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Essay: Automotive exhaust emission, impact on environment & control

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  • Automotive exhaust emission, impact on environment & control
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Abstract –

In today’s world, the population of vehicle is increasing day by day and by product of their exhaust are NOx, CO which are two major pollutants which causes several respiratory disease. So, it become necessary to vanish this by product by providing pre exhaust or after exhaust treatment. Number of alternative technologies like improvement in engine design, fuel pretreatment, fuel additives, exhaust treatment of better turning of the combustion process are been considered to reduce the emission level of the engine.

This review paper discusses automotive exhaust emission and its impact on environment and controlling the emission of harmful gases with the use of catalyst such as platinum (noble gas) and sum more additive like cobalt oxide etc, history of catalytic, use of catalytic, process use up to now, limitation of catalytic and achievement of catalytic.

Keywords – catalyst, oxidation and reduction process, exhaust emissions, nobel metal, gas metal, analyzer.


Vehicle population is projected to grow close to 1300 million by the year 2030. Due to incomplete combustion in the engine, there are a number of incomplete combustion products CO, HC, NOx, particulate matters etc. The pollutants have undesirable effect on air quality, environment and human health that tips in stringent norms of pollutant emission. As the technology keep on evolving and emerging, it carries along undesirable effects apart from its broad application and use. One of the main contributors is said to be the emission of harmful gases produced by vehicle exhaust lines. The number of vehicles miles travels per year continues to increase as a result of higher demand and needs. Consequently, an increase in the number led to the increase of the content of pollutants in air. Most vehicular transportation relies on combustion of gasoline, diesel and jet fuels with large amount of emission of carbon monoxide (CO), unburned hydrocarbons (HC), nitrogen oxides (NOx) and particulates matter (PM) are especially concern. HC and CO occur because the combustion efficiency is less than 100%. The NOx is formed during the very high temperatures (>1500 0C) of the combustion process resulting in thermal fixation of the nitrogen in the air which forms NOx. Typical exhaust gas composition at the normal engine operating conditions are: carbon monoxide (CO, 0.5 vol.%), unburned hydrocarbons (HC, 350 vppm),nitrogen oxides (NOx, 900 vppm) hydrogen (H2, 0.17 vol.%), water (H2O, 10 vol.%), carbon dioxide (CO2, 10 vol.%), oxygen (O2, 0.5 vol.%). Carbon monoxide is a noted poison that has an affinity for hemoglobin in the blood 210 times greater than the oxygen affinity prolonged exposure to levels above 9 ppm can lead to reduce mental acuity for some individuals. HC and NOx lead to photochemical smog in presences of sunlight give secondary pollutant ozone, nitro dioxide & peroxyacyl nitrate which cause also global environmental problems.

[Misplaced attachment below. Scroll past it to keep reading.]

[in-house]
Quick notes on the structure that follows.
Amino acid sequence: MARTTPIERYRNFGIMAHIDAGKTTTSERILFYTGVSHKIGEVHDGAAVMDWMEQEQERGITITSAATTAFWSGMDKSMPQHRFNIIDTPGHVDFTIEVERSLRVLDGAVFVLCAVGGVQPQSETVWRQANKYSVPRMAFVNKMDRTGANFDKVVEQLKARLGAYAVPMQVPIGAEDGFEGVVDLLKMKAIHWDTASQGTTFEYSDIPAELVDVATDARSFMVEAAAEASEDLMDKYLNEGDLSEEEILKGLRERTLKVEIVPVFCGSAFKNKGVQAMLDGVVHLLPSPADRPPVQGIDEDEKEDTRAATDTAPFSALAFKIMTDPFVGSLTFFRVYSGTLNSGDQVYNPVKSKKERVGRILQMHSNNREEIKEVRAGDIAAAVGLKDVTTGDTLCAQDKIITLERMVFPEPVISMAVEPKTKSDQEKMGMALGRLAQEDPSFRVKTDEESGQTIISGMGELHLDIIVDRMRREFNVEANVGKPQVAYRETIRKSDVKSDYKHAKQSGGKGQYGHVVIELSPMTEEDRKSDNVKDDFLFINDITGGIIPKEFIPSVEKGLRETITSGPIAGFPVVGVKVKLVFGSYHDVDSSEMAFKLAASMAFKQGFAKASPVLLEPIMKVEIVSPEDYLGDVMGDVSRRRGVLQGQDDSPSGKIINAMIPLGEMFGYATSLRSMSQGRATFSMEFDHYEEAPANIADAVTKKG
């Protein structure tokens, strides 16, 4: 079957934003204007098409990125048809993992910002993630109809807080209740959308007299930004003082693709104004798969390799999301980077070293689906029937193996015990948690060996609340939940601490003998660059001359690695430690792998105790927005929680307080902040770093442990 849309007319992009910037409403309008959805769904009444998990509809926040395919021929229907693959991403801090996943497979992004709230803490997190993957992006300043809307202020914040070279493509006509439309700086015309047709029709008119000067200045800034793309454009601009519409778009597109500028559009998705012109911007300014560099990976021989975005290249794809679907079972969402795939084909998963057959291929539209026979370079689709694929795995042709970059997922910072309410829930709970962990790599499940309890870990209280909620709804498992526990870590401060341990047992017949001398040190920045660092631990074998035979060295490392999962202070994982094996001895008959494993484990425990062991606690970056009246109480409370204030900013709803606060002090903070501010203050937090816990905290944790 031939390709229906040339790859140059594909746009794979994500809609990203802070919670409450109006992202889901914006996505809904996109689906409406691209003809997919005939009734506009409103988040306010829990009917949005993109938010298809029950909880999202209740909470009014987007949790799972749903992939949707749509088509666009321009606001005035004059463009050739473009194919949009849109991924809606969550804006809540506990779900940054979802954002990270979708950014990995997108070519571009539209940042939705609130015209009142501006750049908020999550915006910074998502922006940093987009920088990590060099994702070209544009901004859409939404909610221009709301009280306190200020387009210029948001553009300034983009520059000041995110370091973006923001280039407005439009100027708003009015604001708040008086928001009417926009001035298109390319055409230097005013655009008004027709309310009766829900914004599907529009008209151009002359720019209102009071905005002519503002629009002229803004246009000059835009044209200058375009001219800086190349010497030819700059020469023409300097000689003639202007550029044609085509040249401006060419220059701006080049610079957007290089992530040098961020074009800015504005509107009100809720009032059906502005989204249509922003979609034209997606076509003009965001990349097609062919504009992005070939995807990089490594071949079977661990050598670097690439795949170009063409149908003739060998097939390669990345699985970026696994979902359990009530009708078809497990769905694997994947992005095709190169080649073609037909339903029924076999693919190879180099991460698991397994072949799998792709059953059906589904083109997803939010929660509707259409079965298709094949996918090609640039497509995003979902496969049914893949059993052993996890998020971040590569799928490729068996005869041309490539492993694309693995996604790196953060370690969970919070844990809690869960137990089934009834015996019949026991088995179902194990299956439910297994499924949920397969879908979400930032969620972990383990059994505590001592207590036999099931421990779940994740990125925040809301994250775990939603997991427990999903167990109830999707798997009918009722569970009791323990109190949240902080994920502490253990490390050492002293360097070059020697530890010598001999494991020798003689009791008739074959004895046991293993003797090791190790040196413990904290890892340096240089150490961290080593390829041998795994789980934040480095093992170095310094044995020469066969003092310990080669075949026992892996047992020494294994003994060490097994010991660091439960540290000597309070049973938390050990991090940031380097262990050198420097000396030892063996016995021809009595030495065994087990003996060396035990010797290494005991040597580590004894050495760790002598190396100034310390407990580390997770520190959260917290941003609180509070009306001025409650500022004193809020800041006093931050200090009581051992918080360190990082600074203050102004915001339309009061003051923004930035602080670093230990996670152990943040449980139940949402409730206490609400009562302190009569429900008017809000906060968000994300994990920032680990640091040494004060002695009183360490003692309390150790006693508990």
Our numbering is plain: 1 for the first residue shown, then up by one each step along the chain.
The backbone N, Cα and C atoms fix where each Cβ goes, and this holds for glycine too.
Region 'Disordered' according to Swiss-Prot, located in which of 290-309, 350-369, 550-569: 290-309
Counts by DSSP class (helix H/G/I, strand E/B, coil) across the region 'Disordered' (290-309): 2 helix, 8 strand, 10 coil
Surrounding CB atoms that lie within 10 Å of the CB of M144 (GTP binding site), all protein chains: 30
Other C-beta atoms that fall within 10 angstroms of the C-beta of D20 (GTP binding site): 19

A catalytic converter is placed inside the tailpipe through which deadly exhaust gases containing HC, CO, NOx are emitted. The function of the catalytic convertor is to convert these gases into CO2, H2O, N2 and O2 and currently, it is necessary for all automobiles pursuing on roads. As primary measures many different possibilities and technical methods of reducing exhaust gas emission are used e.g. combustion of lean air fuel mixture, multistage injection fuel, exhaust gas recirculation, fuel gas after burning, loading of additional water into cylinder volume.


NOx gas coming out from the commercial vehicle should be vanished. Now a days catalytic converter are used. The catalytic converter was invented by Eugene Houdry, a French mechanical engineer and expert in catalytic oil refining who lived in the U.S. around 1950. When the results of early studies of smog in Los Angeles were published, Houdry became concerned about the role of smoke stack exhaust and automobile exhaust in air pollution and founded a company, Oxy-Catalyst. Houdry first developed catalytic converters for smoke stacks called cats for short. Then he developed catalytic converters for warehouse fork lifts that used low grade non-leaded gasoline. Then in the mid 1950s he began research to develop catalytic converters for gasoline engines used on cars.